teacher classroom management blog

 

Back-to-School
Strategies That Rule

 
 

 

Back-to-School Strategies That Build Success


It's back-to-school time. This issue is filled with terrific back-to-school interventions to stop classroom management problems before they start.

Our new back-to-school ideas are crafted to work with elementary, middle and high school students, and are great for special ed students too.

The back-to-school interventions included in this issue work so much better than just re-stating the school and classroom rules. These lively devices actually teach kids how to be prepared, motivated students. Best of all, these intervention tools prevent classroom management problems before they ever start.

 

A Back-to-School Intervention to Teach
Motivation for School
WILL WORK FOR ELECTRICITY

back-to-school poster 149Poster 149, shown at right, can be used verbally, or put the message shown on the poster, on your laptop or tablet device.

You can add audio effects as well. This is a great intervention for elementary school students who may not read once you add the audio element.

 

 

 

A Back-to-School Intervention to Teach
Motivation for School
STAY OR PAY

Teach students that dropouts can afford 1/2 the house, 1/2 the possessions, 1/2 the necessities, 1/2 the fun that grads can afford. Ask students if they would rather "Stay or Pay," meaning would they prefer to "stay" in school or "pay" forever for dropping out.

For elementary school students, use toy houses or paper houses to illustrate the concepts, and do the same for the other elements too. You can skip this addition for middle and high school students.

 

A Back-to-School Intervention to Teach
Appropriate Dress
WHAT NEVER TO WEAR TO SCHOOL

Stop hassling with students about their inappropriate attire. Instead of reminding your students about the rules, actually teach them the skills they need to comply with your standards.

Ask your class members to generate posters showing What Never to Wear to School, and be sure they include tiny skirts, teeny tank tops, slippers, pajama bottoms, and pants that are way to big.

Post their art work on the wall so it becomes a lasting, vivid, concrete reminder of your standards. For the rest of the school year, no student will ever be able to say "But, I didn't know we couldn't wear swim suits to class!"

Notice how this intervention can work even when parents don't teach their offspring about appropriate dress for school.

 

A Back-to-School Intervention to Teach
Discussion Skills
WHAT TO SAY WHEN…

Don't just expect students to figure out the nuances of being in a class discussion– teach them those skills instead. So, have the students devise responses to situations that they are likely to encounter in classroom discussions.

For example, have students identify and memorize what to say when…they don't know what to say; they don't want to participate; they don't understand the question, etc. Post their responses on the wall so students can use the information all year long.

You may be surprised how much bad behavior can be avoided using this simple intervention all school year.


Schedule Your On-Site Workshop Now

While Open Dates Still Remain

Learn 100s of Strategies for Work Refusers, Difficult,
Failing, Angry, Troubled and Defiant Students

1.800.545.5736 or email

Classroom Management Problems STOP here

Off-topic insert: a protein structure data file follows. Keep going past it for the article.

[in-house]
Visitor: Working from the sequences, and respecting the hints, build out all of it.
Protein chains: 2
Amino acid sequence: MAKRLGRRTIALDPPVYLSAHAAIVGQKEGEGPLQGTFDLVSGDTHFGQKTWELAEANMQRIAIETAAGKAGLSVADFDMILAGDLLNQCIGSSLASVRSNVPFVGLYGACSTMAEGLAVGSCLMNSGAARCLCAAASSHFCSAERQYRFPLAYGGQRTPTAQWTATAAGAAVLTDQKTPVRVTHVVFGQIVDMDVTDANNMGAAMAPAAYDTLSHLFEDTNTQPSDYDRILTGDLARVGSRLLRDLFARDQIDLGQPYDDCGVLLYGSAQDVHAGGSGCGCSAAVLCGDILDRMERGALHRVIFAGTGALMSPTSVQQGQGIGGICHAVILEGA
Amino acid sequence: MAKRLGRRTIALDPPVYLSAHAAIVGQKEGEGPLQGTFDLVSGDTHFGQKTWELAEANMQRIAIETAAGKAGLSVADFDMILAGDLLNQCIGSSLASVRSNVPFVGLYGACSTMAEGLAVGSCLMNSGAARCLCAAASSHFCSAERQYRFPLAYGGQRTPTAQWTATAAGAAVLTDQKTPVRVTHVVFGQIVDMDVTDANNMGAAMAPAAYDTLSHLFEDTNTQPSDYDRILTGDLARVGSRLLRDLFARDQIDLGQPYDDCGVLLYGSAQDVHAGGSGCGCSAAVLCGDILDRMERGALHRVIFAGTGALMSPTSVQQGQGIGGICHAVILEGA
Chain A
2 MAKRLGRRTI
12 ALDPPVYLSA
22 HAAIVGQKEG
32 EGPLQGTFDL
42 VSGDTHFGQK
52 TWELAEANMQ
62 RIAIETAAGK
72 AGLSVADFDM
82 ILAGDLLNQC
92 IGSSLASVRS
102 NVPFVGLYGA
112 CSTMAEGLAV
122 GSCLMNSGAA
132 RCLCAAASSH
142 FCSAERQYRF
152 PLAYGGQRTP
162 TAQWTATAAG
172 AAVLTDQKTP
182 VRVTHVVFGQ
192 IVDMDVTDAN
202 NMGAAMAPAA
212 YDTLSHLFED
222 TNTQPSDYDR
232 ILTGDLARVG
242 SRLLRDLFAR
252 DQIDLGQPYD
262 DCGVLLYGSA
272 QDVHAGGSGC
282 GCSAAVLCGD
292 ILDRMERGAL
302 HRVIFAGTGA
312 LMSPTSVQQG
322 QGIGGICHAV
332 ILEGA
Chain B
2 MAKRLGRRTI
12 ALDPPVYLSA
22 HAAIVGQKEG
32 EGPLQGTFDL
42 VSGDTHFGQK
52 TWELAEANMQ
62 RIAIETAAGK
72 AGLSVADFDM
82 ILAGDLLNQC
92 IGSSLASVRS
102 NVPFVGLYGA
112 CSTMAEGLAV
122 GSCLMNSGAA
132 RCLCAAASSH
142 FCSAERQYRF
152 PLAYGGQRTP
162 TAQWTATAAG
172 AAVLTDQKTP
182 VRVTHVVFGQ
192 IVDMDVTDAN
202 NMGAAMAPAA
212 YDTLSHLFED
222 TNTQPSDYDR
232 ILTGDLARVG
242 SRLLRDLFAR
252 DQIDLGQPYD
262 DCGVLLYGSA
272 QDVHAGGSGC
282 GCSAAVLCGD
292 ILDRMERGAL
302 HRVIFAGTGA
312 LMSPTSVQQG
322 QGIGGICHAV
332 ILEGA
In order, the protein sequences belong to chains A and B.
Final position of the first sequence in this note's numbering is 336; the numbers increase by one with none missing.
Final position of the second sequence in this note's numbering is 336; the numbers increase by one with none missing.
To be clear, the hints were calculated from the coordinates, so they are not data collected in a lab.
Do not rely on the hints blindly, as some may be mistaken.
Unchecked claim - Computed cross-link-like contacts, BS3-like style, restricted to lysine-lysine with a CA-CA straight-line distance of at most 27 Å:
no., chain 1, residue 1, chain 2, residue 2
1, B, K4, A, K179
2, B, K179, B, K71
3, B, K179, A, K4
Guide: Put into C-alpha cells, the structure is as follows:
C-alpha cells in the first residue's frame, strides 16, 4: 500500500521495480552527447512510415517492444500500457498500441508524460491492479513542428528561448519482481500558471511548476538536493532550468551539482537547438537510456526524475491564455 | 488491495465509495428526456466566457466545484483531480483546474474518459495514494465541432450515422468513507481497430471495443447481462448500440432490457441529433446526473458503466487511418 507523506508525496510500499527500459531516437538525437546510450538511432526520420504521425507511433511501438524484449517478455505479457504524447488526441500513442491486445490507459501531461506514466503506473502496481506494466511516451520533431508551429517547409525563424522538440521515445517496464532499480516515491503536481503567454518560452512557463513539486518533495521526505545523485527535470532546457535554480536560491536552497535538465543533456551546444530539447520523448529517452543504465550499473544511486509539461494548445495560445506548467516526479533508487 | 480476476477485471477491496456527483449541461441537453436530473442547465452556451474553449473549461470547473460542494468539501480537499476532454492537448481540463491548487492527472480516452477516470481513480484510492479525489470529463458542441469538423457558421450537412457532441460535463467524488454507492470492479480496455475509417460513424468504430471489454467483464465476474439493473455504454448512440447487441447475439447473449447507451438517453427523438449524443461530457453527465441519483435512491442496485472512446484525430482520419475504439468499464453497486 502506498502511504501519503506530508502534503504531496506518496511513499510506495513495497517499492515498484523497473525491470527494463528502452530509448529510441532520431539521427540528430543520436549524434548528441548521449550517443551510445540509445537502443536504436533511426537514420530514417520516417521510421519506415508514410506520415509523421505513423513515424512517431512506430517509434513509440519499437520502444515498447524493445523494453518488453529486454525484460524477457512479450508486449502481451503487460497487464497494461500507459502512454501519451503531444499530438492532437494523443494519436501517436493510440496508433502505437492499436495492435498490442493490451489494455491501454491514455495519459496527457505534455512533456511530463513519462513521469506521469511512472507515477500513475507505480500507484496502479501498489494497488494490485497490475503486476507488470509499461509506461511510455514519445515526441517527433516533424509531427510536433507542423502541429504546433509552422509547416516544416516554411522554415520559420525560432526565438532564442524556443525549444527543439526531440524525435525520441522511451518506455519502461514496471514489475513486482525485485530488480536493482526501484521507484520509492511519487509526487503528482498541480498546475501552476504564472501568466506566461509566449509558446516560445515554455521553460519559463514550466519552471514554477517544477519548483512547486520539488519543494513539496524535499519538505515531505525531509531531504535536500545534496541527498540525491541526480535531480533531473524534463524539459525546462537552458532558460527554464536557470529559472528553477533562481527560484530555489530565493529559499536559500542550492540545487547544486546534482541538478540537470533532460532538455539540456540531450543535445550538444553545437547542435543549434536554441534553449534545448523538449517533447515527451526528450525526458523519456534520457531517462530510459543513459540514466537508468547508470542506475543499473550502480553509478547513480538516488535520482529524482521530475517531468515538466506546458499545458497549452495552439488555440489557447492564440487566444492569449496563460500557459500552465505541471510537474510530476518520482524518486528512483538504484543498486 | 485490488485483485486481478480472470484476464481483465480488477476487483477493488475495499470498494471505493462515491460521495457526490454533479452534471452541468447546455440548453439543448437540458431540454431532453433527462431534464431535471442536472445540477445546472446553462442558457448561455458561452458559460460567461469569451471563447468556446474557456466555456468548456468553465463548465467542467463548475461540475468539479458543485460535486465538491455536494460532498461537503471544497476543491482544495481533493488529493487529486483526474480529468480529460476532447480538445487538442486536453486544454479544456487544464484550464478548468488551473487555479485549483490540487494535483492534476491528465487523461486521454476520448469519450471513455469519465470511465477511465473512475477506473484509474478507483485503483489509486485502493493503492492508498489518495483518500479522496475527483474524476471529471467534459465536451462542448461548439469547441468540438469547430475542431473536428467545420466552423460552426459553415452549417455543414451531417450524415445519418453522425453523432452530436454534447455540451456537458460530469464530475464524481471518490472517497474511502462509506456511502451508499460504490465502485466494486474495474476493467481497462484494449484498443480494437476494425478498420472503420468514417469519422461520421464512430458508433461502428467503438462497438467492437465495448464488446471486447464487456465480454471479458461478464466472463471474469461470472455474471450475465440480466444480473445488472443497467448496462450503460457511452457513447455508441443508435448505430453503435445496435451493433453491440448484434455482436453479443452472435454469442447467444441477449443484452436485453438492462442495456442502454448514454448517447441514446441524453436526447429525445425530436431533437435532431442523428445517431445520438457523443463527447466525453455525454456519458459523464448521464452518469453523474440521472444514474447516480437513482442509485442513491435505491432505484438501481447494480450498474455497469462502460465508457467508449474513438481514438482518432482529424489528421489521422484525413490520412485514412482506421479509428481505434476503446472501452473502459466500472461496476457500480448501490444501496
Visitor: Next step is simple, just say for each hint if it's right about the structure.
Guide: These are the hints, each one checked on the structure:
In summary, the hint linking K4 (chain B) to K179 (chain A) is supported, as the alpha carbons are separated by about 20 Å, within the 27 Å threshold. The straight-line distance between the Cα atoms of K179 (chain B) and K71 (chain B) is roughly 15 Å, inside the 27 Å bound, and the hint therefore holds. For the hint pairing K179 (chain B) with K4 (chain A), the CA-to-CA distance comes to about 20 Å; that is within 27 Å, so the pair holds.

A Back-to-School Intervention to Teach
Appreciation for School
FIND OUT NOW WHAT YOU'LL LEARN LATER

Students often see school as a waste of time. Show them that school is actually their key to survival.

To potently convey how difficult life will be without an education, give each student a page of text that is written in a foreign language that is unfamiliar. Offer each student a terrific prize for explaining what the page says. This will really motivate your class members to read the document, but of course, none will be able to.

Let your students vent about being very frustrated, feeling angry and incapable of completing the task. After the students have finished venting, note that this experience is similar to what life may be like without education.

 

  •  


    Reprint or Repost This Article
     

    Bring the Breakthrough Strategies Workshop to Your Site

    Help Unmotivated, Failing, Troubled and Unmanageable Students

    teachermissYou have students who struggle. We have solutions for students who struggle…so your job doesn’t have to be so difficult. We have cutting-edge strategies to manage group and classroom management problems like behavior disorders, trauma, disrespect, bullying, emotional issues, withdrawal, substance abuse, tardiness, cyberbullying, delinquency, work refusal, defiance, depression, Asperger’s, ADHD and more.

     

    Schedule the Breakthrough Strategies to Teach and Counsel Troubled Workshop to come to your site. This is the one professional development inservice that produces results, results, results. Call 1.800.545.5736 now. This surprisingly affordable inservice also makes a terrific fund raiser. College credit and 10 professional development clock hours are available. Your staff will finally have the more effective, real-world tools they need to work with today’s challenging, difficult youth.

     

    Contact us now, and begin solving your worst “kid problems” today. Call 1.800.545.5736, or email.

     

    Working with Troubled Students Doesn’t Have to be So Difficult
     


    Behavior & Classroom Management Problem-Solver Blog Articles

    Subscribe Unsubscribe/Change Subscription
    Contact Us*  *Not for Unsubscribing
     

    Library of Congress ISSN: 1526-9981 | Youth Change, Your Problem-Kid Problem-Solver
    http://www.youthchg.com | 1.503.982.4220 | 275 N. 3rd St; Woodburn, OR 97071
    © Copyright 2019, All Rights Reserved | Permission granted to forward magazine to others.